How To Get Around Lisbon

Published by: BouncePosted

Lisbon is the capital city of Portugal and is also the most populated with about two million people living here. It is one of the least visited capital cities in Europe, but people really have no idea what they are missing!

Filled with several steep hills giving you unobstructed views of the splendid ocean , cobblestone streets and winding alleys full of character and breathtakingly beautiful historical buildings, Lisbon is one of the best places to visit in Europe. Old-world charm meets modern technology and tourists will find it fun and exciting to make their way through the streets of Lisbon.

Learning how to navigate through this old city can be a bit tricky at times but if you take some time to learn about the different public transport that is available, you will be moving about like a native. To explore this marvelous city with ease, drop your bags and backpacks at a suitcase storage locker in Lisbon. See the sights without lugging extra things along.

Whether you are using the metro to get from place to place or looking for a less crowded mode of transportation such as a taxi or tram, you will be able to easily move throughout Lisbon once you are familiar with the many options.

How to get around Lisbon by train

Taking the train

Riding the train in Portugal is an excellent way to get from city to city but to travel throughout Lisbon, the train is probably not the best choice. The train network in Portugal connects the major cities and even some of the bigger towns and villages, and tickets are still relatively cheap. Passengers will find the seats are comfortable with plenty of room to settle in and enjoy the ride.

For example, while you are in Lisbon, you can catch the train at the Cais do Sodre station and head to Cascais to explore, about a 40-minute trip. This is a very popular tourist destination and is along the coast with breathtaking views. Or grab the train to Sintra which is only about a 45-minute trip and explore the city center and National Palace, both within walking distance of the train station.

Riding the metro

Lisbon has over 55 metro stations that connect four main metro lines. Lisbon’s metro does not operate 24/7. The larger stations run from 6:00 a.m. to 1:00 a.m. while many of the smaller stations run from 6:00 a.m. to 9:30 p.m. Many locals choose to ride the metro as a way to move throughout the city efficiently.

Each of the four lines is identified by a certain color: green connects you to the Baixa area and the Cascais station, red connects you from the airport to the Parque das Nacoes area, the blue and yellow lines follow the main roads in Lisbon and run from north to south.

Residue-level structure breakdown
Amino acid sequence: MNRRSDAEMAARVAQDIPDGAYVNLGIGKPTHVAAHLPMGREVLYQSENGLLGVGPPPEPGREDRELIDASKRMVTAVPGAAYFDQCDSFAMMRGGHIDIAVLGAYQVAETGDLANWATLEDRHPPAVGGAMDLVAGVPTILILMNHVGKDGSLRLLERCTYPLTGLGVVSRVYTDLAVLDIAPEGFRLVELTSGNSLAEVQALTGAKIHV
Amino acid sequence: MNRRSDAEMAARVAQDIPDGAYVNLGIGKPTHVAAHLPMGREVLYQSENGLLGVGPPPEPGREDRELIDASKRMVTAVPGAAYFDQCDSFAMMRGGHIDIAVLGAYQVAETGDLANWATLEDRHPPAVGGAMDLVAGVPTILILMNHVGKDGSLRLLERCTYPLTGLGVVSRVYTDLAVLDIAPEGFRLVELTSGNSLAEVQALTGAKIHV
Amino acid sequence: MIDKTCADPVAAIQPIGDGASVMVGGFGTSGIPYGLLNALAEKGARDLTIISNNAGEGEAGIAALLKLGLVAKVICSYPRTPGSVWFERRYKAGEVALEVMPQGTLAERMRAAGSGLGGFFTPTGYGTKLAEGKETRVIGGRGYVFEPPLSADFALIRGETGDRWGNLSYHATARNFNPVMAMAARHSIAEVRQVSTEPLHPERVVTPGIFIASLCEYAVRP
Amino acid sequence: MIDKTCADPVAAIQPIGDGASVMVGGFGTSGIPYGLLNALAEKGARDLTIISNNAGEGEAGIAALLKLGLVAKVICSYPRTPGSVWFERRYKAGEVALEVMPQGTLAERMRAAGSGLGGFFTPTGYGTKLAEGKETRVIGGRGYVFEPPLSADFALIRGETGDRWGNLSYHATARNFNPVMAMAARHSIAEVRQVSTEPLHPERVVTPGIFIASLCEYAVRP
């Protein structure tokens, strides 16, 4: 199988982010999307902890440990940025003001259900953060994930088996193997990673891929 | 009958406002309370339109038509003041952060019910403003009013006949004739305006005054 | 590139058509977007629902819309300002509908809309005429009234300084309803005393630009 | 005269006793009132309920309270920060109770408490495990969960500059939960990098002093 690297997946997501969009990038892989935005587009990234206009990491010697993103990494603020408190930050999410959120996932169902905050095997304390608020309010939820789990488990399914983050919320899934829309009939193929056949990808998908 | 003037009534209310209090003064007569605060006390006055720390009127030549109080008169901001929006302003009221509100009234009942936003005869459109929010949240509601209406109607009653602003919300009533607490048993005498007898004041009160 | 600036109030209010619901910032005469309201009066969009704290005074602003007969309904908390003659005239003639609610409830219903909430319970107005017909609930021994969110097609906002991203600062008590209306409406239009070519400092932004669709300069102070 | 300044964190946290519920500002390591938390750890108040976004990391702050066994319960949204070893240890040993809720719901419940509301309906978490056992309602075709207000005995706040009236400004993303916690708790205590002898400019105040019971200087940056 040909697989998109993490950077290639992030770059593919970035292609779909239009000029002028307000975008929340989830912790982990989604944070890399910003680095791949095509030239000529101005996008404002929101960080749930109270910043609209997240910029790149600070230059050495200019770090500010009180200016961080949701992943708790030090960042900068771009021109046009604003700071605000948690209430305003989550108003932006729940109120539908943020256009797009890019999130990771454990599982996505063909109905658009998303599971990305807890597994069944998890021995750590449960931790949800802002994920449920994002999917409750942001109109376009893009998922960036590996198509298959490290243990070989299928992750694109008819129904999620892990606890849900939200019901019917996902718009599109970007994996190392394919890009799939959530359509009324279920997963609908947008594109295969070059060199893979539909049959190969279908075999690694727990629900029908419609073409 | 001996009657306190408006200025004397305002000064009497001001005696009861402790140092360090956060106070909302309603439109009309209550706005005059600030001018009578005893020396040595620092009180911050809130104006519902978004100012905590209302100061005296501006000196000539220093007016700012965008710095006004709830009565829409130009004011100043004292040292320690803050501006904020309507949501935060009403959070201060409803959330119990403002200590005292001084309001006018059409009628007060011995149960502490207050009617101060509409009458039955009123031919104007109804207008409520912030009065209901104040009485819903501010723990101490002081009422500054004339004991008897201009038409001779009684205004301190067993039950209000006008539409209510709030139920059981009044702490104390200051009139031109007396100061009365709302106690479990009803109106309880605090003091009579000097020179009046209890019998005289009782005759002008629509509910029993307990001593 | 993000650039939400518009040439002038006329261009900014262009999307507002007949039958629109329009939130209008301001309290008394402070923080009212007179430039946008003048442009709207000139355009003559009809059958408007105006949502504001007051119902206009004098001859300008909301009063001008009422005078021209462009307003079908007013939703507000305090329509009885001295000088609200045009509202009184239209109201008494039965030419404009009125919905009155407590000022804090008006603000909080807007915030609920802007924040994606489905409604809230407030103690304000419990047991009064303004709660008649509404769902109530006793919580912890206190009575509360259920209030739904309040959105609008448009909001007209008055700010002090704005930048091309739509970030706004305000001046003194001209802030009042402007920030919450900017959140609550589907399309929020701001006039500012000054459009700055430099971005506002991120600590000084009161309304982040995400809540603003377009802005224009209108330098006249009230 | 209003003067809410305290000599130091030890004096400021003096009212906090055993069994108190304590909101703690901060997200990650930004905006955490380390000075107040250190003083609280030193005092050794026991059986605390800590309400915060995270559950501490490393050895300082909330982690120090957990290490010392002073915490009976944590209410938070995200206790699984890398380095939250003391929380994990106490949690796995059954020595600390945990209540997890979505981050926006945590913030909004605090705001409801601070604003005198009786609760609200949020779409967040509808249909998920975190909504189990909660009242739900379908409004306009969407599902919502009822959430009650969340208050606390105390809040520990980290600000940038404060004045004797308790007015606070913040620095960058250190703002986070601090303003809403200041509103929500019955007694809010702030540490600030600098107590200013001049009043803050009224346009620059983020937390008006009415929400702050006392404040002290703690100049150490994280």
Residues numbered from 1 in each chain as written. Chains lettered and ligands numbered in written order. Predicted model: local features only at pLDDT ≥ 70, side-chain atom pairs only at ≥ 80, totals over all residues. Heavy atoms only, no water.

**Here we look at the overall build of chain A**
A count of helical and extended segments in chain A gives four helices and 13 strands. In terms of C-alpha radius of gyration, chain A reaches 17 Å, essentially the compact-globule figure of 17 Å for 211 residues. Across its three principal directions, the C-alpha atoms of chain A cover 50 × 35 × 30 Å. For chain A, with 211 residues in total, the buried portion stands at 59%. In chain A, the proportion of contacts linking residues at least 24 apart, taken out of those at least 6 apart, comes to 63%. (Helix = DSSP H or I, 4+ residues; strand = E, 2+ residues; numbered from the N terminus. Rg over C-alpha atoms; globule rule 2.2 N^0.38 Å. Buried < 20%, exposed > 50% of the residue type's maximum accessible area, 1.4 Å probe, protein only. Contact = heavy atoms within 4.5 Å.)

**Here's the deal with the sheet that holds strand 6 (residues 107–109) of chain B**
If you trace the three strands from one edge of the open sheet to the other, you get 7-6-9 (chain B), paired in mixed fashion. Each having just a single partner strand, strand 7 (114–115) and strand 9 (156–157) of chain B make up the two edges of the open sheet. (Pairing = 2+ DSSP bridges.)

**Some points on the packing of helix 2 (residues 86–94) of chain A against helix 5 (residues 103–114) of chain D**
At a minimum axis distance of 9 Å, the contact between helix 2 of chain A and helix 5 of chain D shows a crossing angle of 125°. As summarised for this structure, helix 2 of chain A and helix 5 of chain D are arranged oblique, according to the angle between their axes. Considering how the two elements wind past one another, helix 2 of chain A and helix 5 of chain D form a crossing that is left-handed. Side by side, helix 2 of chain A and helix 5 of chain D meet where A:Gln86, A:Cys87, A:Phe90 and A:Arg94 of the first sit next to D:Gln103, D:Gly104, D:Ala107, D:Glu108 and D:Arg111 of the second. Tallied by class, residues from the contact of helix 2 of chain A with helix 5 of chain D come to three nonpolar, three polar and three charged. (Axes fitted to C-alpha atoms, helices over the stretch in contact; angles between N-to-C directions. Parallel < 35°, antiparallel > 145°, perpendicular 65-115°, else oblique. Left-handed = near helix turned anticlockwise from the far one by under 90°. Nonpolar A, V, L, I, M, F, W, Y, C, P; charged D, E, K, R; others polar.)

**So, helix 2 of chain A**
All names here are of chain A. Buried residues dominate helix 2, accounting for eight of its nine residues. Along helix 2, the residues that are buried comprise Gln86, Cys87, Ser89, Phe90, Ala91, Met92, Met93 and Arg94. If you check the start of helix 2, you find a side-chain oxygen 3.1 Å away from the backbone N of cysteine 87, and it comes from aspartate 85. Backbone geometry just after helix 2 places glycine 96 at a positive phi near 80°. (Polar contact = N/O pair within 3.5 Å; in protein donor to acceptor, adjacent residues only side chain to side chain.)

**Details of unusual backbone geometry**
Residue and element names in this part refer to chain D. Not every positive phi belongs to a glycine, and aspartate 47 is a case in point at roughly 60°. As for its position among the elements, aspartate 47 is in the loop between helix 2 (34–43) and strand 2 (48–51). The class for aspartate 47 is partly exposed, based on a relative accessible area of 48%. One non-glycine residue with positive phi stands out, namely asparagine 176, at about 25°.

Several of the metro stations display modern artwork from local artists. Even though the trains do not operate 24 hours a day, they still run late enough that if you are enjoying time out on the town at night, you can still ride the metro to get back home or to your hotel before it shuts down for the night.

Metro stations are kept very clean and it is a pleasant experience to visit one of the stations, however, during crowded times such as rush hour, you will want to keep a watch for pickpockets. Avoid having your money out in the crowd by buying your tickets online or purchasing a Lisboa Card.

Tram, funicular and lift

Lisbon is home to six different trams, one vertical lift, and four funiculars. Tourists love checking out Tram #28, which is the oldest tram in Lisbon and also the most popular one if you are touring the city. Get there early to avoid long wait times but if you must wait, the scenic views are well worth it!

The main transportation system into Lisbon is the Lisbon Tram Companhia Carris de Ferro Lisboa; however, to move around the city you will want to hop on and off the more modern Siemens Articulado trams. Using tram lines is a great way to get out and see more of Lisbon.

Lisbon is home to four funiculars. A funicular is a cable railway system that connects various points along a track on a steep slope. The funicular has two counterbalanced carriages that are attached to opposite ends. If you have a Lisboa Card, you are able to use the funiculars for free.  

The Santa Justa Lift (in Portuguese the Elevador de Santa Justa) is a vertical lift that climbs some of the steepest hills in the city and is considered a national monument along with Tram #28. The lift is the quickest way to get up the steep hills and look out over the city for unobstructed views. You do need to purchase a ticket to ride the lift or you can use your Lisboa Card.

How do I ride a tram?

There are six trams that run on about 60 tramlines throughout the city, this includes both trams and trollies. The trams run on specific routes and it is actually pretty easy to navigate the different tram stations and stops and figure out which route you need to take. You do need a ticket or your Lisboa Card to ride a tram.

Each tram stop is marked with a small pinnacle or yellow sign hanging on lampposts. You can even catch a trolley or streetcar along the tramlines for a more nostalgic adventure through the streets of Lisbon. Check out Tram #28, the most popular tram for tourists, many times this tram is filled and is standing room only.

How to get around Lisbon by bus

Take the bus

When coming into Lisbon via the Lisbon airport, you will want to catch the Aerobus, a shuttle service that picks you up at the airport and takes you into the city. The cost per one-way ticket is relatively inexpensive. Aerobus does not take you downtown. If you need to go downtown from the airport, catch the Carris bus number 744.